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A Conversation between Tiberi Silvashy and Jerzy (Yuri) Onuch
11 January 2012
A Conversation between Tiberiy Silvashy and Jerzy (Yuri) Onuch
J.O.: “Painting is dead» – what does this mean?
T.S.: “It seems to me that this problem arises out of a crisis in language. The art of painting is timeless, it does not die; if it dies, it is not art. Actually, painting is a craft which in special cases is elevated to the level of art. It takes many years to learn this craft and its language, and at a certain point these is a separation of reality and language, which is usually inclined to be conservative, and the language loses its energy. Then, in fact, painting is not alive, but only imitates life.
Painting is one of the fundamental arts, like music, poetry, dance. And while these is at least one person who practises it, there is hope that painting will not die. Remember what Grotowski said, «If there is a well, someone will drink from it. It is important for the well to be there, and the rest is up to passer-by. Whoever cleans the well should not be thinking about whether someone will drink from it or not».
Painting is not disappearing, rather it is acquiring new forms. Certain types, genres, phenomena become sidelined or die off, and functions which no longer apply to painting move into other arts – its language becomes cleansed. Possibly, some day painting will be for the better. In not speculating with actuality, painting will cease being an object of manipulation. The experience gained from painting cannot be gained by any other means.
J.O.: The Western tradition, the idea of painting as a window into surrounding reality (as expressed in Alberti`s 1435 Treatise on Painting) – are these things worth considering?
T.S.: Yes, the same as any human experience, because in truth we all (consciously or subconsciously) are born from the loins of Judeo-Christian culture, and the classic painting is absolute expression of this culture – a formal, plastic expression.
J.O.: The Eastern (Orthodox) tradition, the icon – is it still alive?
T.S.: As a sacred object, yes. But for the faithful, icons live and have a completely different value than for the aesthete.
J.O.: “A picture is worth a thousand words” – what story are you showing\telling?
T.S.: There was a time when I told stories. It is doubtful it pieces I do now can even be described as paintings; they are sooner coloured object (not painted, but coloured), objects to be regarded. They aren’t intellectual constructions indicating or symbolising something; they are reality – a frame with canvas, covered with paint, from which the viewer draws direct experience.
J.O.: The history of art – is it the works, or is it also the commentary?
T.S.: Both. Every work coming under the scrutiny of an interested viewer becomes not only an object to be regarded but also an object to be interpreted. The range of the interpretational field depends both on the work itself and on the taste, education, and cultural tradition of the viewer. That is why the history of the arts comprises both the museums and the bookshelves of commentary. They mutually complement one another, being two sides of the same coin.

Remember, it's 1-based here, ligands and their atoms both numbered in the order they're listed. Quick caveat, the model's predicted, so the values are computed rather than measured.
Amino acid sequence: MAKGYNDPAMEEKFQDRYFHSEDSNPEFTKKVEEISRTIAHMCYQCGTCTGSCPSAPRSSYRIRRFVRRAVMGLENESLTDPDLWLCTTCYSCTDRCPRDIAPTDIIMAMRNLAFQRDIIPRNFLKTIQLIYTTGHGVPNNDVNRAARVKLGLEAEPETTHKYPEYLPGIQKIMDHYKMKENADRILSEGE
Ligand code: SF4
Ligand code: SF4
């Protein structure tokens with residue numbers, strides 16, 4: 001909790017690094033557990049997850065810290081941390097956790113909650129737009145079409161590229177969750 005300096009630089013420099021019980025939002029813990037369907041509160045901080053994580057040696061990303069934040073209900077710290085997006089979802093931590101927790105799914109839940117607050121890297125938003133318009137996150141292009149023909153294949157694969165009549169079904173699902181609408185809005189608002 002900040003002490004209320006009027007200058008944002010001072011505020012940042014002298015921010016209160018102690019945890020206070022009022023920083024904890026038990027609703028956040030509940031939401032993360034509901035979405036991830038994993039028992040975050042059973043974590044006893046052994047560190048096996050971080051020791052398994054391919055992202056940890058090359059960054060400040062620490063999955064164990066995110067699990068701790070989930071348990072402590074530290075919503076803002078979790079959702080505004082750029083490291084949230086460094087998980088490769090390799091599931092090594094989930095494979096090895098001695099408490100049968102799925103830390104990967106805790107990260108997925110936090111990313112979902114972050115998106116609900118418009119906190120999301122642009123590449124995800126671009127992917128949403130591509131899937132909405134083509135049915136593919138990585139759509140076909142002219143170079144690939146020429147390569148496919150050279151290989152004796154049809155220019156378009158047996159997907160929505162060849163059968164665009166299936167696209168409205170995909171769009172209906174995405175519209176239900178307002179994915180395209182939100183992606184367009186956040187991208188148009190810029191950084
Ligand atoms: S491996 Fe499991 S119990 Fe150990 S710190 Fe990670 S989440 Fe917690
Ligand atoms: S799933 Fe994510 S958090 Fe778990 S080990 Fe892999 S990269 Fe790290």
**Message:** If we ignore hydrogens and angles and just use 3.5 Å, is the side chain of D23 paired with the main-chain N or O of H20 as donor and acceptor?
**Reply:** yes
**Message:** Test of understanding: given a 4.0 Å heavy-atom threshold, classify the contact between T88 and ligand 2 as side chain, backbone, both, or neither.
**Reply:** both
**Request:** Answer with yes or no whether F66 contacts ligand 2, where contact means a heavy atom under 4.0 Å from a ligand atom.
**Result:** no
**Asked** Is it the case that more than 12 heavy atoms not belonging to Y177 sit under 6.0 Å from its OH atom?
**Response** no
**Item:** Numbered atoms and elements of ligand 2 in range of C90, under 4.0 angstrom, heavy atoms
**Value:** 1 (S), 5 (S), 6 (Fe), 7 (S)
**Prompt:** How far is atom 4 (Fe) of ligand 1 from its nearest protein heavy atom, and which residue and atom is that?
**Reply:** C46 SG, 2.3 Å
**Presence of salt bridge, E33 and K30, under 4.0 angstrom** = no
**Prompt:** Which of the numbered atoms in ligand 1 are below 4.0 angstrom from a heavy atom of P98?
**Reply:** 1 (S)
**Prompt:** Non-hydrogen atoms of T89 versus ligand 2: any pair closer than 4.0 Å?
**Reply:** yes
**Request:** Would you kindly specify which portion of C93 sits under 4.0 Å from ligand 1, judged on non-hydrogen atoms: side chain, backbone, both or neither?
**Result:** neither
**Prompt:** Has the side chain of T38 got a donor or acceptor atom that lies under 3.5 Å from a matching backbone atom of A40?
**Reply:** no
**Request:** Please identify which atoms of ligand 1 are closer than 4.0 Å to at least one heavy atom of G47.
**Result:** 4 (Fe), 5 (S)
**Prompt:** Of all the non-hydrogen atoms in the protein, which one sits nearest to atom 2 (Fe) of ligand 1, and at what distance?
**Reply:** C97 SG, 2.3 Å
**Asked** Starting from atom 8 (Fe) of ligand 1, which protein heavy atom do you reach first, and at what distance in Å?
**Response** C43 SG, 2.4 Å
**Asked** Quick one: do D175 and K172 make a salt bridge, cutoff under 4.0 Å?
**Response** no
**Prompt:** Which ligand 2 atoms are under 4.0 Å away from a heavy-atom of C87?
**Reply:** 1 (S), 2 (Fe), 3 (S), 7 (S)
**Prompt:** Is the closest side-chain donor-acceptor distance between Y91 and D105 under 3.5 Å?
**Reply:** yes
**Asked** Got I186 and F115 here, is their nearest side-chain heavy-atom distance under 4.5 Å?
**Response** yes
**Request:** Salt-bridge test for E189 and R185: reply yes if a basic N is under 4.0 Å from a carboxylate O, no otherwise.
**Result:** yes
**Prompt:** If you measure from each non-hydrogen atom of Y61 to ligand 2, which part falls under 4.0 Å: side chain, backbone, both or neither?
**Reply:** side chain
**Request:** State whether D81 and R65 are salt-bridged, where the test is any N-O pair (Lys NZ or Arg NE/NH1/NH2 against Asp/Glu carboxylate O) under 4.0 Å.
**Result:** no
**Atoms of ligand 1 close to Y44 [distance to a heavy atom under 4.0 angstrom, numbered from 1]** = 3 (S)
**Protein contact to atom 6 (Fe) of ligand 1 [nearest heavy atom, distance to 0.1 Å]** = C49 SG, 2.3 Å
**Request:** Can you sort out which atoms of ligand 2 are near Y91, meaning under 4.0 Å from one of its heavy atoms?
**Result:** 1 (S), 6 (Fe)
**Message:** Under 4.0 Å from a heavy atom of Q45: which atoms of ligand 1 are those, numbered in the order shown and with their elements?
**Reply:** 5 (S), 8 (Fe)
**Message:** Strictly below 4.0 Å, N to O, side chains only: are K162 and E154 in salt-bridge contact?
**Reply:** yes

J.O.: Is what you do beyond the time?
T.S.: Timelessness is in the very nature of painting. You belong to your time, and at the same time you are part of the great process. I feel an affinity with the painters of the past, I swim in the river of colour they swam in, and the river future painters will swim in. All the same, obviously the energy of colour changes in time; it is different in the 20-th century than it was in the 19-th or the 15–th.
The same way, he paintings of the 1960s or 80s have a totally different energy than the paintings of the 90s.
J.O.: Can you painting be defined as “total visual experience”, like an equivalent of our world experience?
T.S.: I would say so.
J.O.: Matisse said, “My painting is like a comfortable sofa” – what do you think of that?
T.S.: Well, Matisse said this at a particular moment, and he was polemicising with a particular historical situation, with the people of that time. It was clever, certainly, and I would say that only a true painter could have said it. Painting is the art of seeing, and if anything else needs to be said, maybe its best to say, “Well, look, it’s just like a sofa”.
J.O.: Is that which we call style meaningful for you? Working with assistants, what is your attitude to the concept of authenticity or originality in painting?
T.S.: I think its better to talk about language than about style – in any case, with regard to this project. Working in space is a conceptual thing, and so it is not so important that you do it by yourself. And it’s very good when the people helping you understand you and are considerate.